Preparing a Survey: Three Key Questions

Conceptual the customer responded to the survey

Last month we talked about The Power of Primary Research and why conducting it is vital to keeping your brand and business healthy and growing. We mentioned that primary research includes both qualitative and quantitative methods. In a previous article Are You Playing with a Full Deck? we discussed the benefits of including Qualitative Research in your strategy and research regimen to best understand your customer’s and prospective customers’ needs, perceptions, behaviors, and more.

As we said, “Qualitative is the ‘heart’. It gets you the ‘why’, the ‘so what’ and so much more.” But if we’re looking for the most holistic approach, we need to conduct Quantitative research as well. So, it begs the question, “What should quantitative research look like for my business?”

Unfortunately, the answer is, “It depends.”

We realize that answer isn’t all that helpful. So to expand a bit, we’ll provide some actionable advice on the subject.

First, let’s discuss quantitative research; what it is, what it looks like, and what it does.
In consumer and brand research, quantitative research primarily involves surveys. While other methods such as forms, sales data, and experimentation can be used for quantitative analysis, surveys are commonly relied upon for collecting hard data useful in determining trends. But that doesn’t mean one should jump straight into putting together a survey full of all their burning questions. First, there’s some homework to be done.

To begin, whenever  we approach a research project with a client, we like to use the following questions as a guide:

  1. What is the impetus for research?
  2. What do you know?
  3. What does success look like?

The impetus for quantitative research is usually either reactionary or proactive.
A reactionary impetus could be that sales are down, that customers are complaining about a product, or a new competitor is entering the marketplace. If the impetus is reactionary, we explore the driving force behind it. Is the challenge marketplace/channel driven? Is it a natural, ‘product life cycle’ progression or ‘man’-made? How do competitive products and competitors’ messaging differ? We’ll let the specific issue(s) guide the exploration and rely on client expertise to fully understand the situation and landscape.

On the flip side, sometimes a business proactively decides it wants to conduct ongoing quantitative research at a regular frequency to stay on top of trends and better capitalize on opportunities as they arise. These ‘tracker’ surveys can vary in scope and focus but always explore key product features, benefits, perceptions, price points, and more to establish the right set of core questions and measures that will best advise success in the future.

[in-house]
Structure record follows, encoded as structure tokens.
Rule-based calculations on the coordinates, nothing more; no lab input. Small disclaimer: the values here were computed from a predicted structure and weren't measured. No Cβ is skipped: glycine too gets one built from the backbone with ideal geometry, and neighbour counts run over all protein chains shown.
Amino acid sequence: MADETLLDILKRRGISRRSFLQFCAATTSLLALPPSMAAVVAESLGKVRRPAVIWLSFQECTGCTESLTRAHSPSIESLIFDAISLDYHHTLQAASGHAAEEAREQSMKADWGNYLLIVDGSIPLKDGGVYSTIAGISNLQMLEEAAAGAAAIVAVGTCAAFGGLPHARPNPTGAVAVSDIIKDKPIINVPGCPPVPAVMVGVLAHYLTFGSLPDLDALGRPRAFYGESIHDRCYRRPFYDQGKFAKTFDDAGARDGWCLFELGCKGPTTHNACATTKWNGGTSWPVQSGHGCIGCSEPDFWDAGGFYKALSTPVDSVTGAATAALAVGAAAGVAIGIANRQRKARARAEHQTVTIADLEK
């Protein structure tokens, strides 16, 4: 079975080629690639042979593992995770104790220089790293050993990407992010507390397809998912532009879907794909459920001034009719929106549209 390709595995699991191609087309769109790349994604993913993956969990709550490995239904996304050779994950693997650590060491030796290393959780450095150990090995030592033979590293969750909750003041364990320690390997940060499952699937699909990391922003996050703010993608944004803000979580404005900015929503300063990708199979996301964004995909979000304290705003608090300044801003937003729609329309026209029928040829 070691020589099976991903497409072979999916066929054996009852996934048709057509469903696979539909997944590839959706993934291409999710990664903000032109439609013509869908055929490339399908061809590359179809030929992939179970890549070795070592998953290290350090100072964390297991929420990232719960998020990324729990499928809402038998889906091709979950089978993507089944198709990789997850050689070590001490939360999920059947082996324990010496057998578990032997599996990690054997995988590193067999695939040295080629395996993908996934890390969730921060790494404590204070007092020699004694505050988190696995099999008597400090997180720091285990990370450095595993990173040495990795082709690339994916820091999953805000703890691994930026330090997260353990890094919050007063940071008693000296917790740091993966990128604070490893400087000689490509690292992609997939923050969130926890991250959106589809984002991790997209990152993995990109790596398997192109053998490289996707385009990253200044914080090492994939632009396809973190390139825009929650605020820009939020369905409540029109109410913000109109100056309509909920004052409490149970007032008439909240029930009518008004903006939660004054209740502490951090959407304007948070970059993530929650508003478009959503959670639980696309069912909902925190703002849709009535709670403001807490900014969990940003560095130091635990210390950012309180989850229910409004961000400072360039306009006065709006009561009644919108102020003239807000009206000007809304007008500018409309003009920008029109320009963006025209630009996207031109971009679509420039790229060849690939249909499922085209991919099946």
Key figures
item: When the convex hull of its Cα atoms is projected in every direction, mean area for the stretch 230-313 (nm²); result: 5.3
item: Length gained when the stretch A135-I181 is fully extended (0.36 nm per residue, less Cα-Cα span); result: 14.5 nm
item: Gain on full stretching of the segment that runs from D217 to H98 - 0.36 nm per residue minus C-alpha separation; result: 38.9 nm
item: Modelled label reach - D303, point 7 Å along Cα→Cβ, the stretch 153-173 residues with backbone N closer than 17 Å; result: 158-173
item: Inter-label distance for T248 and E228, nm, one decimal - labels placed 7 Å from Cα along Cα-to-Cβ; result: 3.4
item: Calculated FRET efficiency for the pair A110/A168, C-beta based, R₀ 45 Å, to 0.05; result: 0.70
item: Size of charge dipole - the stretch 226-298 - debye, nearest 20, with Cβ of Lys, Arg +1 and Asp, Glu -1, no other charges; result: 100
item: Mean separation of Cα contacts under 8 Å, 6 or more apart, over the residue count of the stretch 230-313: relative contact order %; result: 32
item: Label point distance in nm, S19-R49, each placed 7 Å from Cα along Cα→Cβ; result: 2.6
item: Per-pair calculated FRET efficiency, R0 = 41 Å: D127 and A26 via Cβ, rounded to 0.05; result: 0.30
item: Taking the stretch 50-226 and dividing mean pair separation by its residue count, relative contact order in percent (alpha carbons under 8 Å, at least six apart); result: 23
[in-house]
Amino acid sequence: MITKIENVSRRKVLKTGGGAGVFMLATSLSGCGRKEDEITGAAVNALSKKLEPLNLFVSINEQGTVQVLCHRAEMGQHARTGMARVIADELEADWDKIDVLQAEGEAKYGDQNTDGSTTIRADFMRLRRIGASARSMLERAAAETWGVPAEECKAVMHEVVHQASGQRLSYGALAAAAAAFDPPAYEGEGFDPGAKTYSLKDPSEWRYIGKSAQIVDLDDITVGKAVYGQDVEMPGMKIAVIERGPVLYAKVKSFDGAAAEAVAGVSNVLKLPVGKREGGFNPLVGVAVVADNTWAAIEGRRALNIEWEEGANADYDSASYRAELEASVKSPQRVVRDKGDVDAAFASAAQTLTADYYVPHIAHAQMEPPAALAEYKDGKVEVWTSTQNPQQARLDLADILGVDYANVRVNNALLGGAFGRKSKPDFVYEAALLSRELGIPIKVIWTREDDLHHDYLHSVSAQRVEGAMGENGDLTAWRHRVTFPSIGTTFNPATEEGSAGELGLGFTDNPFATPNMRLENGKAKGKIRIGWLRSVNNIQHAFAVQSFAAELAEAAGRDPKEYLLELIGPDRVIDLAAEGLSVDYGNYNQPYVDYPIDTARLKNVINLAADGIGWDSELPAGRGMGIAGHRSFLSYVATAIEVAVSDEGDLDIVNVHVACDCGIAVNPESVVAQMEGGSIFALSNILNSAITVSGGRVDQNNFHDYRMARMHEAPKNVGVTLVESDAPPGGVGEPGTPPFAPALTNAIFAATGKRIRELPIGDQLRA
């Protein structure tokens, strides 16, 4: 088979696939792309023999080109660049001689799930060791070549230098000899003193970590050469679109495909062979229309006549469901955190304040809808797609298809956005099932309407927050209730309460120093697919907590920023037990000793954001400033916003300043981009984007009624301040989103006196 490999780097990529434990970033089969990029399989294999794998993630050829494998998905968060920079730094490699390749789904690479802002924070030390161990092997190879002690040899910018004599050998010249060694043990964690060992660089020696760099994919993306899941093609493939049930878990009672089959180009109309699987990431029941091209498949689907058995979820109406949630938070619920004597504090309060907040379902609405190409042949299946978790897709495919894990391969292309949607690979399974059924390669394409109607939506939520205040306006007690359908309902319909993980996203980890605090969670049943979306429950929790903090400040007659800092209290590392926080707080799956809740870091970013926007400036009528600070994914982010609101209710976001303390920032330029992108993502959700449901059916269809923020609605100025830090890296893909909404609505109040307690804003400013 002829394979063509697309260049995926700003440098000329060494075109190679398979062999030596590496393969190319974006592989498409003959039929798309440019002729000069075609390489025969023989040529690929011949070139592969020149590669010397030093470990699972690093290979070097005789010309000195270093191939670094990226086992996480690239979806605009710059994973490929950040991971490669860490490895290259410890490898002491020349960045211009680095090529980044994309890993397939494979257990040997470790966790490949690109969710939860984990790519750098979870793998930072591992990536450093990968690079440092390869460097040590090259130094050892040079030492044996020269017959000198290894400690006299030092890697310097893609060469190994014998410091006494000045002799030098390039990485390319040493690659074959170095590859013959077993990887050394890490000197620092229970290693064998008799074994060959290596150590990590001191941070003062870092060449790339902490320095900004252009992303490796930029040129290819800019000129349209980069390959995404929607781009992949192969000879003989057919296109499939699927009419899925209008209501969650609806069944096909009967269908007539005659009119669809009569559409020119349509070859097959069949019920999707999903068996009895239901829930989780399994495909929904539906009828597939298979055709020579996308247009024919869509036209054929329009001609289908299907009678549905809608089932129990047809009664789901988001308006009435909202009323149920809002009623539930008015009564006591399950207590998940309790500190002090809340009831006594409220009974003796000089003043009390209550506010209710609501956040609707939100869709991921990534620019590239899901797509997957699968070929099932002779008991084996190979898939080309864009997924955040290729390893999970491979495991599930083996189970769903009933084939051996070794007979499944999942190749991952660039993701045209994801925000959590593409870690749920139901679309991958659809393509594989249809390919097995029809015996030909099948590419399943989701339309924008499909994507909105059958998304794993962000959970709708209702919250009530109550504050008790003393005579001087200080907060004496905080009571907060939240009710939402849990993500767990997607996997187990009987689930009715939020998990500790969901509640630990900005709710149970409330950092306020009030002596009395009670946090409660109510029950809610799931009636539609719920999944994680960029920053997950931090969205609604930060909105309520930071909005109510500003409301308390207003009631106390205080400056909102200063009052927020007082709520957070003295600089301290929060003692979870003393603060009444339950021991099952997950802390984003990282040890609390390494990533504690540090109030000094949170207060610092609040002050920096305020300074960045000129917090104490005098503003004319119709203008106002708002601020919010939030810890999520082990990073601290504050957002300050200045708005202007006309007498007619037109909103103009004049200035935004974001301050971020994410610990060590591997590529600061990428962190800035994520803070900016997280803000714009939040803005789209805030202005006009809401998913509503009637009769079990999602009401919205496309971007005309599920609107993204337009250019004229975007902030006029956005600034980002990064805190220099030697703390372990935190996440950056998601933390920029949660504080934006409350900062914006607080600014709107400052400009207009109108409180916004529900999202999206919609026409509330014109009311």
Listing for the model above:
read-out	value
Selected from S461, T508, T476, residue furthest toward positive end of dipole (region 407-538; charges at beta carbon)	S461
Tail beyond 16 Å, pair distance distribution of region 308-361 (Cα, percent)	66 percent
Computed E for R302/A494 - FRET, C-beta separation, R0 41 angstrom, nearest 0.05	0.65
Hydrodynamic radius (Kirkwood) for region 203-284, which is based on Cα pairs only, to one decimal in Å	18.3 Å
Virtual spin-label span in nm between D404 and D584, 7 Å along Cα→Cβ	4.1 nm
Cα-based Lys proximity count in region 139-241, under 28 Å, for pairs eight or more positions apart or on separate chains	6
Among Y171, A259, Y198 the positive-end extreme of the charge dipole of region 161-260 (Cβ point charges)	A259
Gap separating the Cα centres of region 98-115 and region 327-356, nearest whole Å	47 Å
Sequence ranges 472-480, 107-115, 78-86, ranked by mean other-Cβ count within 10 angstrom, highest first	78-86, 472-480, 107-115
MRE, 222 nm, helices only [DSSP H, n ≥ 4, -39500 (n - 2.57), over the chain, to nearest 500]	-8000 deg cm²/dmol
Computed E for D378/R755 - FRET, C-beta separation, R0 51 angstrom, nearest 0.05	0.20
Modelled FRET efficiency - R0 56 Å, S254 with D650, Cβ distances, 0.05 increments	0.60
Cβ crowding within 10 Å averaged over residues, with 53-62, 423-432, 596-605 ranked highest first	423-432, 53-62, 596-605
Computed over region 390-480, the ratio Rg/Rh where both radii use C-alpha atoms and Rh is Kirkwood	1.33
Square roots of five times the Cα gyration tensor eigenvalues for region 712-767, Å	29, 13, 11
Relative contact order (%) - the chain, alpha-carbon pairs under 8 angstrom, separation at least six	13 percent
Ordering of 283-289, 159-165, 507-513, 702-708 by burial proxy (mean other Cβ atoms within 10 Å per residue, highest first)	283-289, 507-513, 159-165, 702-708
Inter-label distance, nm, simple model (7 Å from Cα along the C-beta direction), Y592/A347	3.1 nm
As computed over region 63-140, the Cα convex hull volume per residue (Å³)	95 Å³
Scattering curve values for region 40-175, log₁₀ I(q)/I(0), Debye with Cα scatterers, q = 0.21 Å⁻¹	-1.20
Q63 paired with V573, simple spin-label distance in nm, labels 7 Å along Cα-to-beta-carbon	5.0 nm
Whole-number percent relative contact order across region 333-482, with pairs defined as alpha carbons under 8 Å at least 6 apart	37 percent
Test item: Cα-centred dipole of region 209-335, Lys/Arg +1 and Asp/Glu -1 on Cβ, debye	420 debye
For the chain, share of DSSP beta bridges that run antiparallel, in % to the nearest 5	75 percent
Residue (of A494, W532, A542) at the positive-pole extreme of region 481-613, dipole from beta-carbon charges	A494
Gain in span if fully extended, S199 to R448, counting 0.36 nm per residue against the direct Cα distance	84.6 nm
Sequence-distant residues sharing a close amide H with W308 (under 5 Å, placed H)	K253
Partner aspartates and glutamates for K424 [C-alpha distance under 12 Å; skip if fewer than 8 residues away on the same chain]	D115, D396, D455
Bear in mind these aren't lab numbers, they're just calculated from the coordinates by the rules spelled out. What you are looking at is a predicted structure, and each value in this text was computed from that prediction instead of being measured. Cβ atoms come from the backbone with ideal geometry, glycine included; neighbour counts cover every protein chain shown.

Whether the need for the quantitative survey(s) is reactionary or proactive, both involve further discovery and exploration to guide and optimize survey creation.

Understanding what you know is a broad, far-reaching task. It includes what you’d expect in terms of evaluation and review of any past consumer research – as far back as deemed relevant. The last thing we’d want to do is waste valuable time and money reinventing the wheel. This also includes a review of any relevant secondary research used in decision-making. Other data points that can be accessed (purchase info, sales data, website metrics, etc.) can provide valuable insight into “what we know” relative to the issue(s) at hand.

In addition to scouring reports and documents, we also like to have some conversations with key stakeholders. This may include anyone from the CFO to those on the front line. Sometimes what we think we know isn’t proven in our research. And what we think we know can hurt the bottom line and growth when it drives errant decisions. Research is about discovering. Discovering what’s new AND what’s changed.

Creating a successful survey includes answering the very broad question about what success looks like. To answer it, we challenge our clients to always think bigger than this survey, at this moment. We drive towards getting a deeper understanding of what success looks like, the ‘big picture’.

We’re looking for our clients to say things like:

“We want to be the market share leader in the category”
“We want to grow our private label/store brand sales by 25%”
“We want to move the majority of our sales to our e-commerce site in the next ten years”

And that’s exactly what we’re after, even though research alone cannot deliver that success. We ask the broad question to get big picture business goals and break them down into what research can accomplish that will support them. We use our knowledge about what’s most important for the future of the business to hone our research so that it delivers insights that advise decisions and guide actions.

By asking these three simple questions and fully exploring them the way we describe above -taking the time to listen and learn- we set the stage for creating a thoroughly planned, vetted, and thoughtful survey tool with the best chance at meeting and exceeding the research goals.

If you’d like to know more about conducting quantitative research or would like to discuss a custom, holistic research strategy for your business or brand, feel free to contact us.

Our ‘In the kNOW’ series tackles the burning questions we all want to know about right NOW. If you have questions you think we should ask, topics we should explore, or things you’d like to learn more about, shoot me a note at